Meyer Lansky was reputed to have disrupted rallies by Nazi sympathizers in New York City (and later shipped arms to pro-Zionists fighting for an Israeli state, the creation of which was prompted by the Nazis' genocidal efforts). Lansky also supposedly helped the CIA-precursor known as the Office of Naval Intelligence‘s Operation Underworld to recruit criminals to watch for German infiltrators and submarine-borne saboteurs.
Lucky Luciano also allegedly helped the U.S. military in the invasion of Italy, as did the Sicilian Mafia, which reportedly patrolled the island's roads for snipers, provided guides over mountainous terrain and arranged safe passage for advancing troops (courtesy of Luciano).
(In return the U.S. army inadvertently helped revitalize the Sicilian Cosa Nostra by putting its erstwhile allies in political power positions all over Sicily.)
As for Operation Underworld, it involved the cooperation of organized crime figures who, from 1942 to 1945, served to counter Nazi spies and saboteurs mainly by protecting the U.S.'s northeastern ports, as well as by helping avoid wartime labor union strikes and limit theft by black-marketeers of vital war supplies and equipment.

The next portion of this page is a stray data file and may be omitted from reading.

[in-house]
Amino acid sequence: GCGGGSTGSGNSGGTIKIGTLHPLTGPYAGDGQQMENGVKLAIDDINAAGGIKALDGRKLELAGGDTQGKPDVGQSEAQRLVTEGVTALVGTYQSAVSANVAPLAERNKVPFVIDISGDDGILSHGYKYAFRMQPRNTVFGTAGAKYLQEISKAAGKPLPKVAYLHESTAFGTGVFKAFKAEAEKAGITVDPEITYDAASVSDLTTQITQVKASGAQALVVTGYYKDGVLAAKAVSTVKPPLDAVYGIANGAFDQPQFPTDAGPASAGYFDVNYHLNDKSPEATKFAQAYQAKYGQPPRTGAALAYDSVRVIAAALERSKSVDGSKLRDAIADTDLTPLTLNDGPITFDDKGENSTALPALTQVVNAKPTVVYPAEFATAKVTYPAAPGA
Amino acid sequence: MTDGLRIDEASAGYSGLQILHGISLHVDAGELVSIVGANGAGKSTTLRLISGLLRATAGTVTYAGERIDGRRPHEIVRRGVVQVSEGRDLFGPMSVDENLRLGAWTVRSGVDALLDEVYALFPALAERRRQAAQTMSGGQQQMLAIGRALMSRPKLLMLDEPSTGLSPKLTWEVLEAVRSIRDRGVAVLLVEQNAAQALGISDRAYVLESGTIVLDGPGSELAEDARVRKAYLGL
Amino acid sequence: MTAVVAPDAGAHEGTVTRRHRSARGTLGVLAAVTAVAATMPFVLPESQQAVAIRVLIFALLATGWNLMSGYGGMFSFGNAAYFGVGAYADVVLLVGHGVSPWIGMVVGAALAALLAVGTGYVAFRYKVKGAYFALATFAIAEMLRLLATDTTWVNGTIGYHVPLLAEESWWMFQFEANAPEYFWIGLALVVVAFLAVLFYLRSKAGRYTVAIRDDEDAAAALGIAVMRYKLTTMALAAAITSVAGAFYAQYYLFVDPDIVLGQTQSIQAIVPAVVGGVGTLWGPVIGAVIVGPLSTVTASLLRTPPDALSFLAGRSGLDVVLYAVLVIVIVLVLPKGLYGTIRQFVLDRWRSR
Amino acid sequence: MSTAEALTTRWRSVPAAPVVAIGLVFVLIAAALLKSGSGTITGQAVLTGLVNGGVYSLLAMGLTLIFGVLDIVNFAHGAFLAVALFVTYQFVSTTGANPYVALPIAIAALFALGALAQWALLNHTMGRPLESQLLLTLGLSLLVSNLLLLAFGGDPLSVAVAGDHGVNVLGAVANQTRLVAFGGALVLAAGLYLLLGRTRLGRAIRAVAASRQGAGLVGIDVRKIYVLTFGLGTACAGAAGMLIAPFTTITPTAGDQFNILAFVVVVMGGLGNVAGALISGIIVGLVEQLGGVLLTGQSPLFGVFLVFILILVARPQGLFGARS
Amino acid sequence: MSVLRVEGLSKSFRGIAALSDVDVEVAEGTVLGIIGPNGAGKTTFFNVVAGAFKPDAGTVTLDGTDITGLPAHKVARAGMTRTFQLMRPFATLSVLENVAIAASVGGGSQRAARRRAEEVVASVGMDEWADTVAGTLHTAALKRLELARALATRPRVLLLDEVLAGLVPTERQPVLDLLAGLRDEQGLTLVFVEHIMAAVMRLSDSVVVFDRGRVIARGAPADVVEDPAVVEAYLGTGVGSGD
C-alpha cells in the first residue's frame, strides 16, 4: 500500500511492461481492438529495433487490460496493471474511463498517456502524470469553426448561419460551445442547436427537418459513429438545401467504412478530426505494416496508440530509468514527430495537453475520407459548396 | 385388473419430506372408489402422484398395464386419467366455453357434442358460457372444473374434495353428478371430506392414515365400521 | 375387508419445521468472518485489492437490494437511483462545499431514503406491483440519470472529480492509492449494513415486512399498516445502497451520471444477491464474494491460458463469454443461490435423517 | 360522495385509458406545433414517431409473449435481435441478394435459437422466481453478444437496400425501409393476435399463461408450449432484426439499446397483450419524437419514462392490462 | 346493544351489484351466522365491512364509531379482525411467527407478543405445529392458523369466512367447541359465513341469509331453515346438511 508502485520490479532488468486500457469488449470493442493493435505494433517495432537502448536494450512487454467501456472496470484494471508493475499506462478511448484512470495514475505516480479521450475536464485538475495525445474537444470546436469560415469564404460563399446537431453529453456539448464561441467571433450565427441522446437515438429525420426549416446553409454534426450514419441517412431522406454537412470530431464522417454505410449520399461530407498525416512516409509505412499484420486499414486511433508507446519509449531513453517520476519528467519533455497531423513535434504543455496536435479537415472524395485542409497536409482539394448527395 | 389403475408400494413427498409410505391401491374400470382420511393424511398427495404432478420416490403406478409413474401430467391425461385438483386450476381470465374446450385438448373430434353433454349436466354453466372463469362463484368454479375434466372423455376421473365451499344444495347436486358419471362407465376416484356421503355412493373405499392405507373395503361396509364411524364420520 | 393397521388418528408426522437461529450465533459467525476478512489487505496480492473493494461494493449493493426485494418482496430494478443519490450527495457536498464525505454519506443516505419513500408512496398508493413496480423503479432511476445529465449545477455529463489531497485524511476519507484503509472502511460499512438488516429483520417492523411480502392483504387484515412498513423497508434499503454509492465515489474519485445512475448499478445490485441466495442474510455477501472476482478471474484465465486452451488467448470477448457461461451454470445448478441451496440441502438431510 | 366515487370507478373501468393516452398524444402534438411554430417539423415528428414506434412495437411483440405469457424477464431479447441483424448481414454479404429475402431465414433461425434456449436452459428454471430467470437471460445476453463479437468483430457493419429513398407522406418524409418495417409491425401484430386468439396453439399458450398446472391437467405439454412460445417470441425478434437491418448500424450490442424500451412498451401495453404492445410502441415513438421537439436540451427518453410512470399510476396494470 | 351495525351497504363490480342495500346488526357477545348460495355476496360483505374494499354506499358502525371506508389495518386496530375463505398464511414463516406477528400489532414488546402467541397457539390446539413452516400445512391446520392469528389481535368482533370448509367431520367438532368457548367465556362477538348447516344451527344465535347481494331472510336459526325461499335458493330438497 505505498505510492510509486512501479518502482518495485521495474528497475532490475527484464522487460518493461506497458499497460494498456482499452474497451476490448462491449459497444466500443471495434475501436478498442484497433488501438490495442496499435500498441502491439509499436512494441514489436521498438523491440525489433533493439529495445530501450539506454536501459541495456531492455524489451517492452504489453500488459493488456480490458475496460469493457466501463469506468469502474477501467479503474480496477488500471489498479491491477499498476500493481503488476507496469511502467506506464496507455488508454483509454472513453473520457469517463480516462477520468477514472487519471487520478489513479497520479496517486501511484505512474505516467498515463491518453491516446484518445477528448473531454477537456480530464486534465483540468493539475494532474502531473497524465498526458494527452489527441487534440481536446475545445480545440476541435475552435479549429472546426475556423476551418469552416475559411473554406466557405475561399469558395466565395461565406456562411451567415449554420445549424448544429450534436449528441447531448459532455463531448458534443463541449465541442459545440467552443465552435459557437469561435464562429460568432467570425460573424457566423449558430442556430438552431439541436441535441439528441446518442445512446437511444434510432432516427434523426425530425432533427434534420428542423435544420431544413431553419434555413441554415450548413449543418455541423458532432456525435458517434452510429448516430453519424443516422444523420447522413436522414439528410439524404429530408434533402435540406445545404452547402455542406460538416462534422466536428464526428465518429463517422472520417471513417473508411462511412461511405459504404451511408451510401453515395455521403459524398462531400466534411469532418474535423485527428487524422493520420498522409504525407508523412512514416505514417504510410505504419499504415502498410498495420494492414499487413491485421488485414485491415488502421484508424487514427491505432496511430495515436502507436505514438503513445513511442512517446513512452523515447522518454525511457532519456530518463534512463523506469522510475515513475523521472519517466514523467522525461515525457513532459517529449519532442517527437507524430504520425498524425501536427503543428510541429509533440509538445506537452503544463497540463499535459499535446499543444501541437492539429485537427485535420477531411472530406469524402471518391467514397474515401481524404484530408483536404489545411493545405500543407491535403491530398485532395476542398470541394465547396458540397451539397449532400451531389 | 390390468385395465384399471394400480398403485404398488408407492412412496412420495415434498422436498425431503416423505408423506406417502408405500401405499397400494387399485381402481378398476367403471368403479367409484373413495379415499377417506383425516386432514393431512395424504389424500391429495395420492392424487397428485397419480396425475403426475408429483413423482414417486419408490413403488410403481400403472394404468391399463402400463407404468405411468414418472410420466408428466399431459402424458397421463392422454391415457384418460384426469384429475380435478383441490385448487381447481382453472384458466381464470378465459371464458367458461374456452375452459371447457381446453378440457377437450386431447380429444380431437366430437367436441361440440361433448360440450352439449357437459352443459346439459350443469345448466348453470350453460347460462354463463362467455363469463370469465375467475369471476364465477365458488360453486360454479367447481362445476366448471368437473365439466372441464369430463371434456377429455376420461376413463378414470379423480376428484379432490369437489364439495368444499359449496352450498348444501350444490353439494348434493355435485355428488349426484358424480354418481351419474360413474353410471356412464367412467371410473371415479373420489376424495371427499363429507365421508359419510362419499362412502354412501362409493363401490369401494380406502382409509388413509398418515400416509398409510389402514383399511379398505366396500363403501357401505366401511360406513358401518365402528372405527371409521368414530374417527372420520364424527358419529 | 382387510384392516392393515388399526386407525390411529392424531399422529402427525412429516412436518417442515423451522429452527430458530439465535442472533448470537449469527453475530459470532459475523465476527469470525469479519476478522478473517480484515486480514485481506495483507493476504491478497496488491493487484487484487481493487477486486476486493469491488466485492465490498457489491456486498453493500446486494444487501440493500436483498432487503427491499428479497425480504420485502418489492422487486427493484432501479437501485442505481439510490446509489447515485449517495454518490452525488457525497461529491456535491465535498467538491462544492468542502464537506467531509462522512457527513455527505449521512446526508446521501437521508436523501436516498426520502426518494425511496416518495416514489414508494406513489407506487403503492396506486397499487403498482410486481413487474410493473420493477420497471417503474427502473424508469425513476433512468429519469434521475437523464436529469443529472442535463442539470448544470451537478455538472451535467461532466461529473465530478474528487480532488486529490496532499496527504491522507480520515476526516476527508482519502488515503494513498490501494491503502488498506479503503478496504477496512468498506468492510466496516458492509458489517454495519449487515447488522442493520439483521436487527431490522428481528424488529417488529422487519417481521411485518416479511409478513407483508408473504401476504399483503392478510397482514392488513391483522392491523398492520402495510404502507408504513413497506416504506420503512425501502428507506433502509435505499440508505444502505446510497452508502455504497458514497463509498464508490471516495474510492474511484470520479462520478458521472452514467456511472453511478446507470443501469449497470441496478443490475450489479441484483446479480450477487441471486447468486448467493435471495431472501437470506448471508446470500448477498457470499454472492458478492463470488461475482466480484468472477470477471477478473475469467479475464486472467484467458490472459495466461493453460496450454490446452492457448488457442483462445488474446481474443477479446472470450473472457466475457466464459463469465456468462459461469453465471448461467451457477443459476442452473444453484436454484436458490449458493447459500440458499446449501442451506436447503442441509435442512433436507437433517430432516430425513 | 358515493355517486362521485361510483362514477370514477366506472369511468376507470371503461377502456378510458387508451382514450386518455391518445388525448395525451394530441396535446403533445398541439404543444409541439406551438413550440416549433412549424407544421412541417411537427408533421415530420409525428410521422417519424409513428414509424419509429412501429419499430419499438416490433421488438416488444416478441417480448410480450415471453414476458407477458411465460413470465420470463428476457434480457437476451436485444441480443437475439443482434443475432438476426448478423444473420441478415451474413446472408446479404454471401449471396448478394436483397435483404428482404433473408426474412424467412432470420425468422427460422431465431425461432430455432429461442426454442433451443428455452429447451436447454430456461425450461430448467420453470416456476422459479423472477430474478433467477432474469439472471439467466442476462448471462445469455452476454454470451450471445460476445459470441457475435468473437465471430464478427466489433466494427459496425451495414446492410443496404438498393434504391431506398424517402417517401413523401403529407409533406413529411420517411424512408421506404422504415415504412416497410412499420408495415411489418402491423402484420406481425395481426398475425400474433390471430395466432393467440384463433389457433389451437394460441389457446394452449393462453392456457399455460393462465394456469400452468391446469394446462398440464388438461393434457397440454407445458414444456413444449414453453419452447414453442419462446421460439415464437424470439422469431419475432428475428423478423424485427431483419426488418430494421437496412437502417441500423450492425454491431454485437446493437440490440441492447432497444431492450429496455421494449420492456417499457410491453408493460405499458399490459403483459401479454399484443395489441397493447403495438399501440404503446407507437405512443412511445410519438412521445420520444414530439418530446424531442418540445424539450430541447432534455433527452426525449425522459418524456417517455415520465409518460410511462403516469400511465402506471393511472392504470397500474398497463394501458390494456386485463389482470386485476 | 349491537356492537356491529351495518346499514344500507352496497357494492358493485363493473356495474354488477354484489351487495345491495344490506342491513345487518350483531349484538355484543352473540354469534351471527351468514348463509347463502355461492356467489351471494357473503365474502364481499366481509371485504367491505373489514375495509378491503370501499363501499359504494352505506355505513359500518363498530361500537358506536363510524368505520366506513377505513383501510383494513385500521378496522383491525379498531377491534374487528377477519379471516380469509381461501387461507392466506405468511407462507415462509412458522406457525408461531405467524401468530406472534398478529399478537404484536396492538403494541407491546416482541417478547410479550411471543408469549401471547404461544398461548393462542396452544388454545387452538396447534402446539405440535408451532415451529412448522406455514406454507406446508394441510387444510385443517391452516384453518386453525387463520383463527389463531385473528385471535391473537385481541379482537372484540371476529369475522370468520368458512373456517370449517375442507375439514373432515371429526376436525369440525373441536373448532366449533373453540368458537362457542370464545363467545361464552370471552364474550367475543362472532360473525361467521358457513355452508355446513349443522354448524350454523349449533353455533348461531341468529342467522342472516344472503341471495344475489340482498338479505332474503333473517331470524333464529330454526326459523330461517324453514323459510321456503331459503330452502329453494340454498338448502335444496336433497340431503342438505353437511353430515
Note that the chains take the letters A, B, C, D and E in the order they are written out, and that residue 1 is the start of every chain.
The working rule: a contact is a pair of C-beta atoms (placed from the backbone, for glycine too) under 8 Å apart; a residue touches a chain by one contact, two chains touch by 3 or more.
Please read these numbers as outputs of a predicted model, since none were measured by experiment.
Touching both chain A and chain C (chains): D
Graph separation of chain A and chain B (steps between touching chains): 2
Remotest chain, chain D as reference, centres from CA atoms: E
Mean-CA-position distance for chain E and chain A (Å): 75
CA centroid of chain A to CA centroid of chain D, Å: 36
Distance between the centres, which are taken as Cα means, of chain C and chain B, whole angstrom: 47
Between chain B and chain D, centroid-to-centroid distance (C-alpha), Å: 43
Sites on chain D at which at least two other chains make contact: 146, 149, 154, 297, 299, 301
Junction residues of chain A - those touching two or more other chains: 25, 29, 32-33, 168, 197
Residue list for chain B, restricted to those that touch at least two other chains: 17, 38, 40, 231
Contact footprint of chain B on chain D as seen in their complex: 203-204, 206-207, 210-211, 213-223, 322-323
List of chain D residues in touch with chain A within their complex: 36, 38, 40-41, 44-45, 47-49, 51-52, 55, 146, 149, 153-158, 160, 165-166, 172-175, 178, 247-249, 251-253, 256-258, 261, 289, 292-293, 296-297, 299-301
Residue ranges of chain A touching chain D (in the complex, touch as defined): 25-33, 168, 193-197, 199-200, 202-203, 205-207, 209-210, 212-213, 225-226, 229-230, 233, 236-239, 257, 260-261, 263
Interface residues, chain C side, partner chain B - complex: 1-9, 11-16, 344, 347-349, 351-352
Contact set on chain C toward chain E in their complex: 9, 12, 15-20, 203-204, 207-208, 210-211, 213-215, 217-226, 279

However, after the war, Axis records showed no sabotage operations had existed. As well no evidence has ever been produced to indicate there had ever been underworld sabotage. The Normandie sinking was almost certainly an accident. (Albert Anastasia boasted that the mob had sank the ship and had been exploiting U.S. fears of Nazi sabotage to get Luciano out of prison. He was lying).
Fears about possible sabotage or disruption of the waterfront were indeed running high though. Commander Charles R. Haffenden of the ONI in New York set up a special security unit. He sought mobster Joseph Lanza, who ran the Fulton Fish Market, for help.